The problem, he explained, is that if the particles are further apart than a few nanometers, or millionths of a millimeter, “they do not interact strongly and the blue color does not happen.” Longer strands are needed to differentiate between species and individuals with greater accuracy.

“If the strands are too short, you could mix up the DNA of a killer with that of the friend’s dog—or a signature of malignant stomach cancer with the piece of a chicken burrito,” Kotov said.

He and his partner Chuanlai Xu, a professor of food science and technology at Jiangnan University in China, led an effort to see whether a more subtle optical change would hold up to longer distances.
Twisted ladders
Rather than using spherical nanoparticles, the team started with nanorods, shaped like tiny Mike and Ike candies, about 62 nanometers long and 22 nanometers in diameter. They attached the primer DNA to the sides of these.

When nanorods line up, they tend to misalign by about 10 degrees. After a few rounds of copying, the gold and DNA structures resembled twisted rope ladders. Light passing through the spiral of golden spokes reacted by rotating.

“The light can be rotated even when the nanorods are far away from each other,” Kotov said. “This gives our methods a tremendous advantage in sensitivity for long DNA strands.”

The rotation happens because light is composed of electric and magnetic waves moving in tandem, and electric and magnetic fields exert forces on charged particles that have freedom to move, such as electrons in metals. The electrons in gold respond very well to the frequency of visible light waves, so they begin to move back and forth in the gold, synced with the light. This effect is a two-way street: the moving electrons in the gold can also affect the light waves.

Kotov compares the light to a rope with ripples running through it. “Now imagine that the air around the rope can move more easily along certain directions,” Kotov said.

For light passing through the gold nanorods, it’s easiest if the electric wave moves up and down the length of the nanorods, so the light rotates as it moves from nanorod to nanorod and continues twisting after it leaves the structure. And depending on whether the light starts out rotating clockwise or counterclockwise, it feels the twist from the nanorods most at different wavelengths.

“For analytical purposes, this is a gift,” Kotov said. The two peaks in the amount of twisting for clockwise and counterclockwise light can be added together, which makes for a stronger signal and allows the method to identify a match with smaller amounts of DNA.

“The strength of the rotation reaches maximum when the gap between nanorods is 20 nanometers, which is exactly what we need for the detection of long, selective and species-specific DNA strands,” Kotov said. “The calculations presented show that we can potentially increase the sensitivity even more in the future and to even longer DNAs.”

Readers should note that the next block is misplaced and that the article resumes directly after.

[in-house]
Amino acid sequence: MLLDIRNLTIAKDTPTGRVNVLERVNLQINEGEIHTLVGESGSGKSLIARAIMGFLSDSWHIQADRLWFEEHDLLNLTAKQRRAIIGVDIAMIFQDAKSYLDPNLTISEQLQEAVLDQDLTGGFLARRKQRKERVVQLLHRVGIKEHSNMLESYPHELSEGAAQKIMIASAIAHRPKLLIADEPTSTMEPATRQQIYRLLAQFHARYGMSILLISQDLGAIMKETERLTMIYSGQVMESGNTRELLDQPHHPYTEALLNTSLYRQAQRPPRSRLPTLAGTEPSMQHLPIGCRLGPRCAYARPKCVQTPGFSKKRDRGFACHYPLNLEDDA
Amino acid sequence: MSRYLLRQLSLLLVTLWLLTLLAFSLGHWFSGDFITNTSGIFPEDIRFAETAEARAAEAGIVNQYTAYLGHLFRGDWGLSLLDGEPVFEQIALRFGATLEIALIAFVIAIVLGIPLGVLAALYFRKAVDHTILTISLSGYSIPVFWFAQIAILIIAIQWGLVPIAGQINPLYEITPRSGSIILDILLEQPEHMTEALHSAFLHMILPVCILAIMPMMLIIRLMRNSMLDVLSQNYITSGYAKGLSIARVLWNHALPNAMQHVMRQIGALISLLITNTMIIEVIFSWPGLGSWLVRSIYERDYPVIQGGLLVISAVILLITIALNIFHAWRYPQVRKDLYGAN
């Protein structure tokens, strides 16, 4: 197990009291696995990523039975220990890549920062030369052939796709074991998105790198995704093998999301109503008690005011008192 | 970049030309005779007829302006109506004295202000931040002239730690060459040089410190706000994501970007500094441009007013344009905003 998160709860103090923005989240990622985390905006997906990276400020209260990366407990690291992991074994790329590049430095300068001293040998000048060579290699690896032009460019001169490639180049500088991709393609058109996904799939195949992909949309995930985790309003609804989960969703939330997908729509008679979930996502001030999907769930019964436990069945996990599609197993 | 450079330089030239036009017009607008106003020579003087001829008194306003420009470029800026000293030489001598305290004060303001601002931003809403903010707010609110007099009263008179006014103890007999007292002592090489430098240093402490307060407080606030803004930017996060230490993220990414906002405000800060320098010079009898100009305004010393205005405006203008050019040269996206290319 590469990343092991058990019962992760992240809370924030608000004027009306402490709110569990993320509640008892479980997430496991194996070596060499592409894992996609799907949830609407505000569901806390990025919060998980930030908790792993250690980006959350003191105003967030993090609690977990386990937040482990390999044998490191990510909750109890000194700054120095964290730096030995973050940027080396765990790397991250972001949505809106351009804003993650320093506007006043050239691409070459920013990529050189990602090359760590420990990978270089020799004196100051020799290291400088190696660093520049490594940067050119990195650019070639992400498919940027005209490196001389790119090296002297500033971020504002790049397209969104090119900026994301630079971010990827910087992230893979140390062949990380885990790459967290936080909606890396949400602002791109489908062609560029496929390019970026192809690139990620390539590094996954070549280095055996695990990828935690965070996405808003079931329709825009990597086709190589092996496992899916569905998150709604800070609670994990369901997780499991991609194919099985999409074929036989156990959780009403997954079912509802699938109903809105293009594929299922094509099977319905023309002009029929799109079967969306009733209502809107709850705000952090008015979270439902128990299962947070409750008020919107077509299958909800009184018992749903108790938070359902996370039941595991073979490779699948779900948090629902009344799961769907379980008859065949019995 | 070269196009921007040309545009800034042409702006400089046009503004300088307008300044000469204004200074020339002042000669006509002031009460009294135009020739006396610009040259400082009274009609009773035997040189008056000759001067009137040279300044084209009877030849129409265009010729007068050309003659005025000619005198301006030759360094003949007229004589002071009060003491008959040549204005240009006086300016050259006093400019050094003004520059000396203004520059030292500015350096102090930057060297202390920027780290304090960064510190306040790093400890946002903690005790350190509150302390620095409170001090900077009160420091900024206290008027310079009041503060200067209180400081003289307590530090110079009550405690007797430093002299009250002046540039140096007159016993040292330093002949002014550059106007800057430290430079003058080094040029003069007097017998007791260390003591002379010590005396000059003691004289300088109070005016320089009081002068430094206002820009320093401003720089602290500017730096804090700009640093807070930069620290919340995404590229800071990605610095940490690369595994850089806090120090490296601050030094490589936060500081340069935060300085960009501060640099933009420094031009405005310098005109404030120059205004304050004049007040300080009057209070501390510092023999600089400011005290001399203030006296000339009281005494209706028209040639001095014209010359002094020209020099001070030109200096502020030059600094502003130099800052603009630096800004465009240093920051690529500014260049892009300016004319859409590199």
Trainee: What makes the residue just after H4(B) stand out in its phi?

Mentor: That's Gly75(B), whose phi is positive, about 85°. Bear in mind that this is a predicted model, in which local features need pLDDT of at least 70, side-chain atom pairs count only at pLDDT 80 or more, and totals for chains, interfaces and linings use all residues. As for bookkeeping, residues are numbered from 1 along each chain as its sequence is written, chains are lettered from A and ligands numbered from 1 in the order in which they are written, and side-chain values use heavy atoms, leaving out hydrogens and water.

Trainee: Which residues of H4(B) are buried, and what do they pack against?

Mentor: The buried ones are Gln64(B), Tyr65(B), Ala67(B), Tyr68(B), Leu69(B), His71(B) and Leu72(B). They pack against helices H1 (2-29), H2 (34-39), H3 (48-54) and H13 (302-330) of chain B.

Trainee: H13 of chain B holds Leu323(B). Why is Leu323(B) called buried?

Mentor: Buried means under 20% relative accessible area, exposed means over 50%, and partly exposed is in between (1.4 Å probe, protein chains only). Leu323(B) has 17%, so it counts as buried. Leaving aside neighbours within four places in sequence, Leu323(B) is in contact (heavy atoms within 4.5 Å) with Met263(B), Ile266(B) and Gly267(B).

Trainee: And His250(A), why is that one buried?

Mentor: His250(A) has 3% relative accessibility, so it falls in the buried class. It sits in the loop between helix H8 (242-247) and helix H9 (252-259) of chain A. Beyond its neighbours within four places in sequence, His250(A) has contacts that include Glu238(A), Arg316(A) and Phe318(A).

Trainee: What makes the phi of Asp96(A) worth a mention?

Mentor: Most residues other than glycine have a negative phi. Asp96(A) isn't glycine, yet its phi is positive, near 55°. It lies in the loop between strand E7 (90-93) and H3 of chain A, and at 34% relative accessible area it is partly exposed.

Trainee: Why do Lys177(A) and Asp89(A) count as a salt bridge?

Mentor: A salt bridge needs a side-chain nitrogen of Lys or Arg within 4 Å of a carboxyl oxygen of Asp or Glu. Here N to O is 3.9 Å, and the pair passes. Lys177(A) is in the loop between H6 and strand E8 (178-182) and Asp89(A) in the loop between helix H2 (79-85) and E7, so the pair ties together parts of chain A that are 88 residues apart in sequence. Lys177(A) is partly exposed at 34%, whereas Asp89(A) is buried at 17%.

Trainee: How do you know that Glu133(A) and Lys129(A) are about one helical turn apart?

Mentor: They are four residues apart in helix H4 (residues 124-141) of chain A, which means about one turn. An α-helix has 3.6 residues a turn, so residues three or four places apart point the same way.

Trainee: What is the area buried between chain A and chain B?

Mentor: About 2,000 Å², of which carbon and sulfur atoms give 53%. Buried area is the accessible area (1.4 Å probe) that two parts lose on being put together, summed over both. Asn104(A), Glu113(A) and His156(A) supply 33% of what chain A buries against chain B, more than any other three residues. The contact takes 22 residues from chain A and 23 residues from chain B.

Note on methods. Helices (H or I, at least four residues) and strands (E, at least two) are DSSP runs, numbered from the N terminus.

The paper, “Attomolar DNA detection with Chiral Nanorod Assemblies,” was published in Nature Communications on Oct. 28. Kotov is a professor of chemical engineering, biomedical engineering, materials science and engineering, and macromolecular science and engineering.

This work was funded by the U.S. Department of Energy and National Science Foundation, National Natural Science Foundation of China, China Ministry of Science and Technology, and grants from the Ministries of Finance and Education in Jiangsu Province, China.

Meningitis: Steps to prevent future contamination

U-M researchers discuss how a recent outbreak of fungal meningitis distributed through spinal steroid injections has once again brought to light the difficulty of compounding pharmaceutical companies to maintain quality control over their products. Professors Kotov and Wang explain how a combination of better oversight and easier testing methods could ultimately help prevent issues like this in the future.

ABOUT THE PROFESSOR: Henry Wang is a professor of Chemical Engineering and Biomedical Engineering at the University of Michigan. His research interests include the global healthcare sector, comprised of pharmaceutical, biotechnology, medical device companies, regulatory agencies such as FDA, healthcare providers, insurers and consumers.

Nicholas A. Kotov is the Joseph B. and Florence C. Cejka Professor of Engineering. He is committed to engaging in the “most creative, forward looking, and unorthodox scientific and engineering discoveries.” He runs The Kotov Lab at the University of Michigan.

Stretchable conductors

Polyurethane studded with gold nanoparticles can conduct electricity even when stretched, Michigan engineers have discovered. This feat could pave the way for flexible electronics and gentler medical devices. The nanoparticles start out randomly arranged, but they drift into wire-like formations as the material is stretched.

About the Professor: Nicholas Kotov is the Joseph B. and Florence V. Cejka Professor of Engineering and a professor of chemical engineering, biomedical engineering, materials science and engineering and macromolecular science and engineering at the University of Michigan College of Engineering. His research interests include the 3D self-organization of nanoparticles and cells, and in using these principles to improve technologies and health care.